Side-eye of the week: Allison Samuels and Newsweek

Courtesy of Newsweek
Courtesy of Newsweek

I was just going through my Google reader and saw that Afrobella commented on a Newsweek article titled Zahara Jolie-Pitt and the Politics of Uncombed Hair. The article is causing a bit of an uproar. The author, a senior writer at Newsweek who I assume is a Black woman, is concerned about the condition of little Zahara’s hair. Pretty much she thinks it’s unsightly.

In recent pictures it’s clear Angelina Jolie hasn’t taken the time to learn or understand the long and painful history of African-American women and hair. If she had I can’t imagine she would continue to allow Zahara to look like she has in the past few months. Photos of  Zahara show the 4-year-old girl sporting hair that is wild and unstyled, uncombed and dry. Basically: a “hot mess.’’

Really? Calling the child’s hair a “hot mess”? Now, on some level, I agree that parents with Black children should know how to deal with that child’s hair. I think that’s a given. But making it seem as if Zahara’s hair is inherently bad/unkempt/messy because it’s not pulled back in two super tight pigtails is not right.

There are those who say there is nothing wrong with Zahara’s hair at all, that her hair is in its natural state and that’s just fine.  I say natural hair—afro, dreads, etc. is fine, if it’s maintained regularly or when the child is old enough to make that decision for herself. Until then, the child’s parents are responsible for their general care and upkeep. Zahara is not even old enough to know that her hair looks dry and damaged as it stands straight up on her head. But there will come a day when this beautiful little African girl will understand what it means to be an African-American woman in this society and realize unlike her younger sister, hers is not a wash-and-go world.

So, from the author’s perspective, Zahara’s hair should be relaxed or something until she’s old enough to decide to be natural? Because her parents don’t necessarily subscribe to a certain aesthetic for her hair there’s a serious problem? This is when I scratch my head. Honestly, the child’s hair looks clean and moisturized. Why do we think her hair should be laden down with products, snatched back into a style to be “acceptable” as one of Afrobella’s commenters said.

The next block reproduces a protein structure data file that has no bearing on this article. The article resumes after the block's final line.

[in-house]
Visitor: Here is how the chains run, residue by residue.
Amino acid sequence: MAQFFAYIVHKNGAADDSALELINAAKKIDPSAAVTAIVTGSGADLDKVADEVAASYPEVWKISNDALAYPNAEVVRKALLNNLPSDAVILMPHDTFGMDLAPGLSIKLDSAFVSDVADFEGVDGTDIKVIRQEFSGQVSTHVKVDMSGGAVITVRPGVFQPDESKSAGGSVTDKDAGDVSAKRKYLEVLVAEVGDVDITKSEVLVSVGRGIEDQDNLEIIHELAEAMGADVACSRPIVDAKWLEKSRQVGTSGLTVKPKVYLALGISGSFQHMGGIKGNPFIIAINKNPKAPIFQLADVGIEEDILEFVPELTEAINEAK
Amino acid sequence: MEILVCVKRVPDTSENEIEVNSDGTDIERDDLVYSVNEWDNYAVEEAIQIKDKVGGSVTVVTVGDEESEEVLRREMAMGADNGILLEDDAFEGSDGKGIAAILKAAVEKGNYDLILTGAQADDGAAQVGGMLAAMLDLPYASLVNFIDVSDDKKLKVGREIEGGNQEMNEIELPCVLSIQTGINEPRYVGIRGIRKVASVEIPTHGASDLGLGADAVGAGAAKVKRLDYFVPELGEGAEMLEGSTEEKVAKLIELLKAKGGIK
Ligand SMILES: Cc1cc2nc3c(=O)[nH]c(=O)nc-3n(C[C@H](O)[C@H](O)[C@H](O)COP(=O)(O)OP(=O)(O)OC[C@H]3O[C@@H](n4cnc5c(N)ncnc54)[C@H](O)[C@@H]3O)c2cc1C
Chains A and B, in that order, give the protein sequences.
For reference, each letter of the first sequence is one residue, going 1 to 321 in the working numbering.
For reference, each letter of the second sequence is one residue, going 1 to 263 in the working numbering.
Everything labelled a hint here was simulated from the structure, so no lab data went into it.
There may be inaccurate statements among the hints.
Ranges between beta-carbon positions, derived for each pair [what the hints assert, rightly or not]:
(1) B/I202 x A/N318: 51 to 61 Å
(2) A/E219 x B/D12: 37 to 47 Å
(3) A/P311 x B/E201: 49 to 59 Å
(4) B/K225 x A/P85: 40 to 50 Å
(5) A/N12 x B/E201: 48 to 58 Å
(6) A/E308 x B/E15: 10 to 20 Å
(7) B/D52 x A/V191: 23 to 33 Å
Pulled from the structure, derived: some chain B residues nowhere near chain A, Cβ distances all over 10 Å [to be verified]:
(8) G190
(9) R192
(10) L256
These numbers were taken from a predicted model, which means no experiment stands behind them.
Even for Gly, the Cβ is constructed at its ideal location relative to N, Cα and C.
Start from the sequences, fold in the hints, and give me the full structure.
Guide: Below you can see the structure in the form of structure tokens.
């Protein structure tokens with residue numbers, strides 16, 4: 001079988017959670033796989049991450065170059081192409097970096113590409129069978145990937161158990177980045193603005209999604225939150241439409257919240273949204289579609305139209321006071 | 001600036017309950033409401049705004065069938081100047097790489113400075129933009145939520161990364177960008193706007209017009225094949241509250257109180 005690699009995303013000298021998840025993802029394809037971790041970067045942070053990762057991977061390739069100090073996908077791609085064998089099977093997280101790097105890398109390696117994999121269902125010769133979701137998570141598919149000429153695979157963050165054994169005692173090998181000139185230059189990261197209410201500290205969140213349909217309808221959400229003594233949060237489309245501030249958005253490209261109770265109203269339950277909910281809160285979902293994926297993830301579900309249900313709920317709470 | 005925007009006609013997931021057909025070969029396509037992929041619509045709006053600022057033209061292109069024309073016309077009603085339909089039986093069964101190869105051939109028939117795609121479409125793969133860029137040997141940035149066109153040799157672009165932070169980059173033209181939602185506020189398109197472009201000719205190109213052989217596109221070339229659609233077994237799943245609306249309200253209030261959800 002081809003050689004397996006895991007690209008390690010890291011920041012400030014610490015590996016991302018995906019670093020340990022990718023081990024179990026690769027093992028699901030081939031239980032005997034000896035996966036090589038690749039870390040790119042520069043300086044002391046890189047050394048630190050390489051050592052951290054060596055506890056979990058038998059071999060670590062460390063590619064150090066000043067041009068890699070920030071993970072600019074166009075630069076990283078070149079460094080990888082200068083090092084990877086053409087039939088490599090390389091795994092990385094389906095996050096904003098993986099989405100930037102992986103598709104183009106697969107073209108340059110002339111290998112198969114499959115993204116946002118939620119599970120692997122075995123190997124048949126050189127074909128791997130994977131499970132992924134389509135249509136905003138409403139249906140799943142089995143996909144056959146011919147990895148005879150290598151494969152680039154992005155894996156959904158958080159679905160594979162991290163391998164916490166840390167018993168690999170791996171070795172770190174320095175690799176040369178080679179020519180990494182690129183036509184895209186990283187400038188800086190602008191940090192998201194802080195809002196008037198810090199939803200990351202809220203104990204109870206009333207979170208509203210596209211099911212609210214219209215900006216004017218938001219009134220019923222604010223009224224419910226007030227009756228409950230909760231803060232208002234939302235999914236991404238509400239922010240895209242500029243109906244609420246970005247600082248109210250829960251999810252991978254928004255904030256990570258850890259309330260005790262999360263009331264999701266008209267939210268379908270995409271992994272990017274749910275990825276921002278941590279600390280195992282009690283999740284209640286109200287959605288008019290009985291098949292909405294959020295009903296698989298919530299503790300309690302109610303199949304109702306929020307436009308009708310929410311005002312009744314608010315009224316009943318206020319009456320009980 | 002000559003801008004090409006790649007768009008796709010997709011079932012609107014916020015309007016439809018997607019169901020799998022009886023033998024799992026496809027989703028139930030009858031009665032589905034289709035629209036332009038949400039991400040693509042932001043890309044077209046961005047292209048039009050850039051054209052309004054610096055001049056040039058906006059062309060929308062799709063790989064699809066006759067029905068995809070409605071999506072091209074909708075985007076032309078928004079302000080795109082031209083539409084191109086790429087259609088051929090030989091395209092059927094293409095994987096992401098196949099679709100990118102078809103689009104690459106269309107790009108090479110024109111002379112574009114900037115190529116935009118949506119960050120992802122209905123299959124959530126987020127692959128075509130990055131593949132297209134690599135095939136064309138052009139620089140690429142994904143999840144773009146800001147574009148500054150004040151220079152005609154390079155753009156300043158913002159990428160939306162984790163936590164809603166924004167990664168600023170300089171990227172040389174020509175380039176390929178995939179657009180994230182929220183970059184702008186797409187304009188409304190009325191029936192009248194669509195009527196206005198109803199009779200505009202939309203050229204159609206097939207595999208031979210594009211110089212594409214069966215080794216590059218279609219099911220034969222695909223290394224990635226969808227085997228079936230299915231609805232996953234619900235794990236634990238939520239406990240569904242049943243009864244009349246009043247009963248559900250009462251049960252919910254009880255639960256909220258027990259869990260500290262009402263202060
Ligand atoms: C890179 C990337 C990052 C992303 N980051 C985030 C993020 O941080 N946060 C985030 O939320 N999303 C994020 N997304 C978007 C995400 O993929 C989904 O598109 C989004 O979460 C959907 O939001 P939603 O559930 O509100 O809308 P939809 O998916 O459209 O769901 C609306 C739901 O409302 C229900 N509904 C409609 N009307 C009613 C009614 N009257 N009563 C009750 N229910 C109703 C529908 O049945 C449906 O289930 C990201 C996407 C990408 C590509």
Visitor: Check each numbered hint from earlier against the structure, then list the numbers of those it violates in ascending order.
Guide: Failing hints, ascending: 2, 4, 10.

Allison, you have some issues, girl. With yourself and how you view the hair that grows out of your own head. I don’t know if you have daughters or interact with little Black girls on the regular, but you need to get it together. From reading your article, Black hair is not acceptable unless it is ‘done’ and forced into a style of some sort. Stop putting your issues on a child. If Zahara and her family are happy with how her hair is, so be it.

Visit some natural hair blogs — you’ll see that our hair really is wash-and-go-capable.


2 Comments Add yours

  1. Relaxed Chick says:

    I was surprised to read Allison’s comments. Yes, she is a sister. I have her book on celeb interviews and it is insightful, frank, funny and well-written.

    But this doesn’t sound like her at all.

    I have no prob with Zahara’s natural hair state. Heck, that’s how we ALL grew up – whether in pigtails, lil’ afro puffs, Chinee bump (sorry, I’m Jamaican…not racially insensitive, that’s just what they call the hairstyle in JA), ponytails, etc.

    I don’t believe in relaxing a child’s hair. I started relaxing when I was 24. My hairdresser didn’t even THINK of relaxing my hair when I was 9 or 15.

    So that’s not the answer, Allison. Does Zahara’s hair look a lil’ unruly at times? Well, yes. But then she IS a child…she runs around, rolls on the ground, etc. Angie and Brad probably do their best to fix her up but she has little brothers and sisters that will rumble with her. Poof! Her hair is a little messy and the paps come out.

    Allison, my sister – lay off the kids. If it were a grown woman, then spew your comments to her. But it’s a child. Hush, nuh?

  2. Joanne Rattray says:

    For the life of me I can’t see what all the buzz is about. The baby’s hair looks wonderfully natural and cared for, much better than if she was always pulled together in plaits or canerows (as we call it in Jamaica).

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